A Canadian mother of a 14-year-old boy with cerebral palsy are furious and upset after seeing a viral video of their son getting bullied into lying in a creek so a girl could walk on him.
Terri McEachern, mom of Brett Corbett, said she was “heartbroken and angry” that students at Glace Bay High School in Nova Scotia, Canada, idly watched as her son was made into a human stepping bridge, according to The Chronicle Herald.
What’s more, McEachern believes the girl seen on video stepping on Brett told him to be still so she could stay dry, the newspaper reported.
“I watched the video and I know the girl said to Brett ‘Lay back down. ... I don’t want to get wet,” she said, according to The Chronicle Herald.
A video of the Nov. 6 incident was posted on Facebook by a user named Brandon Jolie, who said his son is friends with Brett.
“Parents; you failed this generation,” Jolie wrote in the caption of the video. “The amount of teenagers that stood around and watched this happen, even took videos of it. I hope you watch this video, recognize your kid and feel the shame.
“To the little girl that stepped on him; you should be absolutely ashamed of yourself,” he added.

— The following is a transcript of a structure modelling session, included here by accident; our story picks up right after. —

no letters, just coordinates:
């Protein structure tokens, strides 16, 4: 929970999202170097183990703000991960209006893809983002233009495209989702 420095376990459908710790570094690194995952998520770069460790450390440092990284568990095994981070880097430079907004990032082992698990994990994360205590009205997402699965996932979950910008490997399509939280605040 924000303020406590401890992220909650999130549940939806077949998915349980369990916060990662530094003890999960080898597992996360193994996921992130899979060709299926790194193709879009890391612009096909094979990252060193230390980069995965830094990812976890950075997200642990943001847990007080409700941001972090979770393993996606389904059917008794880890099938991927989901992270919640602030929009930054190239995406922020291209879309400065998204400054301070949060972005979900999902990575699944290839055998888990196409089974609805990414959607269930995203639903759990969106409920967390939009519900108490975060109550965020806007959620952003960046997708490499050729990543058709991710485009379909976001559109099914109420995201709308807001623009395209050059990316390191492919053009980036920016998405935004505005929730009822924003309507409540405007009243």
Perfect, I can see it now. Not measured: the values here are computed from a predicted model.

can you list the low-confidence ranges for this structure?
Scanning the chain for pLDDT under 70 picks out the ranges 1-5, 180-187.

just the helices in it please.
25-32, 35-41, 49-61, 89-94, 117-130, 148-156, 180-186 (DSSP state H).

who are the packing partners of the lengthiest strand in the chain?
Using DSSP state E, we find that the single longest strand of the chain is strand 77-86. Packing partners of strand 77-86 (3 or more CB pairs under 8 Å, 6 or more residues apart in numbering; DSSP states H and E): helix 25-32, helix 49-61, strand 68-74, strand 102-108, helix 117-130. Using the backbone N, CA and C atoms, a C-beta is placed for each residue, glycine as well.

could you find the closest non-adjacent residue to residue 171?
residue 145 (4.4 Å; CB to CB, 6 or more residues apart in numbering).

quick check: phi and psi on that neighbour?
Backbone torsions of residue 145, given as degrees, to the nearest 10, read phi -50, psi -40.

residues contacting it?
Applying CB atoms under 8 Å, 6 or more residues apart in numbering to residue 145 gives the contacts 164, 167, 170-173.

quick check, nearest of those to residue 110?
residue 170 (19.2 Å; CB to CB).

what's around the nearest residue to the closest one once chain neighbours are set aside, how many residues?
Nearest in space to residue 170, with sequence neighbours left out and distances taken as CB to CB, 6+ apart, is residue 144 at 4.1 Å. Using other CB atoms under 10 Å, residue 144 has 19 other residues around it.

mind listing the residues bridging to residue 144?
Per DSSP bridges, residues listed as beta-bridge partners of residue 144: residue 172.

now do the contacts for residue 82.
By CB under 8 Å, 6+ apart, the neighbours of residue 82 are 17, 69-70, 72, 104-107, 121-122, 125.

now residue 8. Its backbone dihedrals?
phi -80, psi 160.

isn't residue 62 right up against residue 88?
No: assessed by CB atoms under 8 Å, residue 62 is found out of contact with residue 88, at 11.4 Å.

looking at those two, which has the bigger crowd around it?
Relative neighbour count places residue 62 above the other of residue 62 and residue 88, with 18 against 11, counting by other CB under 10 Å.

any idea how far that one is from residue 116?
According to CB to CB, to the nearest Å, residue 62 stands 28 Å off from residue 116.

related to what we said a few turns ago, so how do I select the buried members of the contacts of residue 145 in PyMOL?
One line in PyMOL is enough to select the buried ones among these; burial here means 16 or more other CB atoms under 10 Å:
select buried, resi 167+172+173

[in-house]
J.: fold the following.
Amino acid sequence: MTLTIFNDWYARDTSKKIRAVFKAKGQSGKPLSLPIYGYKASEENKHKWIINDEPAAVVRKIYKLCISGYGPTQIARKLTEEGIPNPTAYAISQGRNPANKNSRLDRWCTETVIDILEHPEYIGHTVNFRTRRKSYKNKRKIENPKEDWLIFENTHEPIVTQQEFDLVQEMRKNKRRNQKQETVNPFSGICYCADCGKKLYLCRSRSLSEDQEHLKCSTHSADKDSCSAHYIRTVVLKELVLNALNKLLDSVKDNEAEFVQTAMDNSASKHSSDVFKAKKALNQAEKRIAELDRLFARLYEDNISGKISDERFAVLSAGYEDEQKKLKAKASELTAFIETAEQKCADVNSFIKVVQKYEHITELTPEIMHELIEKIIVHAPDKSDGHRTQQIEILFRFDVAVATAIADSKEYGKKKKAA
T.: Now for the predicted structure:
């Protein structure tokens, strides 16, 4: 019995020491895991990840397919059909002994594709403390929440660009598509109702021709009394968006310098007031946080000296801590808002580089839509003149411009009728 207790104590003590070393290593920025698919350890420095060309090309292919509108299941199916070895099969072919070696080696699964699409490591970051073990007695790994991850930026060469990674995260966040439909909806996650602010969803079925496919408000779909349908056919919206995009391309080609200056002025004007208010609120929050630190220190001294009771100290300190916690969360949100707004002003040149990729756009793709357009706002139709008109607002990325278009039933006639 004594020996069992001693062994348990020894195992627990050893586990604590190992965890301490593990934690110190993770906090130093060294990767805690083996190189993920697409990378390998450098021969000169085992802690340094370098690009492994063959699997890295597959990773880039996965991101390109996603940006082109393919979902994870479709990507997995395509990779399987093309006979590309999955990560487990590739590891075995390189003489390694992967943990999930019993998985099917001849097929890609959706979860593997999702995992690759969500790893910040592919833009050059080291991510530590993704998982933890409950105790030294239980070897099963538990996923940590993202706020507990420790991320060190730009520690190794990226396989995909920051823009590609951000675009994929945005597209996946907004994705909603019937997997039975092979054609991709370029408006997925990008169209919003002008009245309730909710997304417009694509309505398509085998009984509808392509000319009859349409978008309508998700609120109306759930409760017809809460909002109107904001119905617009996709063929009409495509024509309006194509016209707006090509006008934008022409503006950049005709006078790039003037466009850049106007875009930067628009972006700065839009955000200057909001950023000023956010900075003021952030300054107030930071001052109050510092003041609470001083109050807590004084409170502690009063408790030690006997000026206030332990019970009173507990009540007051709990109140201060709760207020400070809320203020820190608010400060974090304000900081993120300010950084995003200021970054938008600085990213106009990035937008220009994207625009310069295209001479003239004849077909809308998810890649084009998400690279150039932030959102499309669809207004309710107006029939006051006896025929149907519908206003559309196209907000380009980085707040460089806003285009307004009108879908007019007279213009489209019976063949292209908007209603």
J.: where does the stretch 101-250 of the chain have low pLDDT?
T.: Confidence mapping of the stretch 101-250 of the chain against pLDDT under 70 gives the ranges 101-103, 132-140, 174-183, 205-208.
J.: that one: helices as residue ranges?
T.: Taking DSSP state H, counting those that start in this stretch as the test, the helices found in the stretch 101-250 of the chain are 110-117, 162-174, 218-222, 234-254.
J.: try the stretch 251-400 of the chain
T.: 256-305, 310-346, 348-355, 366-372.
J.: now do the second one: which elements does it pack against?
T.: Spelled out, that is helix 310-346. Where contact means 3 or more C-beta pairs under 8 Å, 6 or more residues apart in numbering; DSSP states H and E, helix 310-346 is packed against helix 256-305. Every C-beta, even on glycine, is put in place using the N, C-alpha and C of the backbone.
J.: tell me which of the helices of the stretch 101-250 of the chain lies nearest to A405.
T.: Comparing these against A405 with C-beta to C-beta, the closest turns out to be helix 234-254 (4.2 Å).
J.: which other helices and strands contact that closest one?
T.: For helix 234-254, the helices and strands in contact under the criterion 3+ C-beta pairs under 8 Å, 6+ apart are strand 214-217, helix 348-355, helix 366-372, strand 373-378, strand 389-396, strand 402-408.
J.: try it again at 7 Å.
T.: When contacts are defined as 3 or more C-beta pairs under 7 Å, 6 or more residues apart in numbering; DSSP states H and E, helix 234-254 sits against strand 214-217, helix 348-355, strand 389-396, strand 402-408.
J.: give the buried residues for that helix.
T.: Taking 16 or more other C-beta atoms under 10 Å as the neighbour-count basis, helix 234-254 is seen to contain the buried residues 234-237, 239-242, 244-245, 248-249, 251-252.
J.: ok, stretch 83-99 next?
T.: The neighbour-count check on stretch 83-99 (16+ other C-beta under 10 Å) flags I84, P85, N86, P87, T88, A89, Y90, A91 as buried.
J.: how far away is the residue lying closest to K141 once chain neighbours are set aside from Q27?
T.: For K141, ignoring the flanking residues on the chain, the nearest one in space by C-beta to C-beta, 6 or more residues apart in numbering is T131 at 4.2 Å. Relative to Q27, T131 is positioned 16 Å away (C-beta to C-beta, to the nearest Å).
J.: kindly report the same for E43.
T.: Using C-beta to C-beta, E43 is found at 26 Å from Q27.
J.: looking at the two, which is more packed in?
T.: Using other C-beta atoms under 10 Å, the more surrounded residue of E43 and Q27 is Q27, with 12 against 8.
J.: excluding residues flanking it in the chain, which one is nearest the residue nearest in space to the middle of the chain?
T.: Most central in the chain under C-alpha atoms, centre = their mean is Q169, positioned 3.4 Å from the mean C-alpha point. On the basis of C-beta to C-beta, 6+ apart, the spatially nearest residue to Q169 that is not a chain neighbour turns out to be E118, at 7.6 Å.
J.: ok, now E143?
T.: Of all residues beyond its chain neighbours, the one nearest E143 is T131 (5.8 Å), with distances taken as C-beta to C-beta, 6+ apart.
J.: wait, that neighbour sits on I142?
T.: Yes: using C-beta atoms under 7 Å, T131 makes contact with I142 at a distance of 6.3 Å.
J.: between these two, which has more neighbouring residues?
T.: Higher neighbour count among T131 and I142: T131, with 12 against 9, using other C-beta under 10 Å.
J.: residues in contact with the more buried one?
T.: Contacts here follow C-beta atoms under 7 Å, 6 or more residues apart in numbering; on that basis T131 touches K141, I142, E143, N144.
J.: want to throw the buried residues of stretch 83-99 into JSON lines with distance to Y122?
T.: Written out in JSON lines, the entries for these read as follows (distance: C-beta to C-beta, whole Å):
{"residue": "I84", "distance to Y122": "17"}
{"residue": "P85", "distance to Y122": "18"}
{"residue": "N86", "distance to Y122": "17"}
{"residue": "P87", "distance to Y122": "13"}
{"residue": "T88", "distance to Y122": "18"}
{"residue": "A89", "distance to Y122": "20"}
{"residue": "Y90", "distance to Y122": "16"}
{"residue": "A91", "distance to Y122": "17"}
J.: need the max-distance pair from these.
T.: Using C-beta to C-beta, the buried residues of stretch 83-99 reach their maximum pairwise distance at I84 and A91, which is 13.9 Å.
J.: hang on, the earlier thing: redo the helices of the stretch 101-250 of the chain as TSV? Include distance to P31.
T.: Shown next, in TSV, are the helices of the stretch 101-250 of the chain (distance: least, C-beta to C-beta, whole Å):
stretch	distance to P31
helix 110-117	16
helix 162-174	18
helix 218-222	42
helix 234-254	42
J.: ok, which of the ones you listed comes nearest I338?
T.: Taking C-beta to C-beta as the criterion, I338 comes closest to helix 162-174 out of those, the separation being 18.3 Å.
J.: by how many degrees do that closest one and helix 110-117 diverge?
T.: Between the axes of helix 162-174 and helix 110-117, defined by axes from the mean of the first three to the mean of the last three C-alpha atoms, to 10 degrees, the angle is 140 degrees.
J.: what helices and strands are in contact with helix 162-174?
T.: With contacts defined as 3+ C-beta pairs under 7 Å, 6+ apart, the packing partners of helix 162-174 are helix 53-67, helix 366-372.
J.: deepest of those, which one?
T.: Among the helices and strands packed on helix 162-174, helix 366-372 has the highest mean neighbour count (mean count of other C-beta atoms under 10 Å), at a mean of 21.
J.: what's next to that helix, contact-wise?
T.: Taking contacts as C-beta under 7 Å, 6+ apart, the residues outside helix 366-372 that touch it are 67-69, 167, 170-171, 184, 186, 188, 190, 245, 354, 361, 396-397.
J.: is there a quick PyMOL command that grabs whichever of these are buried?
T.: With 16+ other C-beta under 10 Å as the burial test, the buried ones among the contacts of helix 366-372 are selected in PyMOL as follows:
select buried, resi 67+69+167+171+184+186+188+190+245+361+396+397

Michelle MacLeod, a communications officer with the Cape Breton-Victoria Regional School Board, wrote in a statement that an investigation into the video is underway, according to The Cape Breton Post.
“This is unacceptable and very disappointing behaviour. This type of behaviour will not be tolerated and is not one that the School and the Centre for Education is proud of,” she said.
At least one parent of a child accused of bullying Brett has spoken out and said he was “devastated” by the video, according to CTV News. The father said he “cried (his) eyes out” because of the “cowardly” actions of his son, the outlet reported.
Brett’s mom also revealed that although she was first told by a school official that Brett put himself in the creek as a “dare,” she later found out that he was threatened.
“He was told if he didn’t get in, he would be thrown in, pushed in, and there was a lot of mocking and comments were made, so he felt he had no choice” she told CBC. “That kids could just stand there and video and not want to help. There is no compassion in that.”
(Photo: Triloks/Getty Images)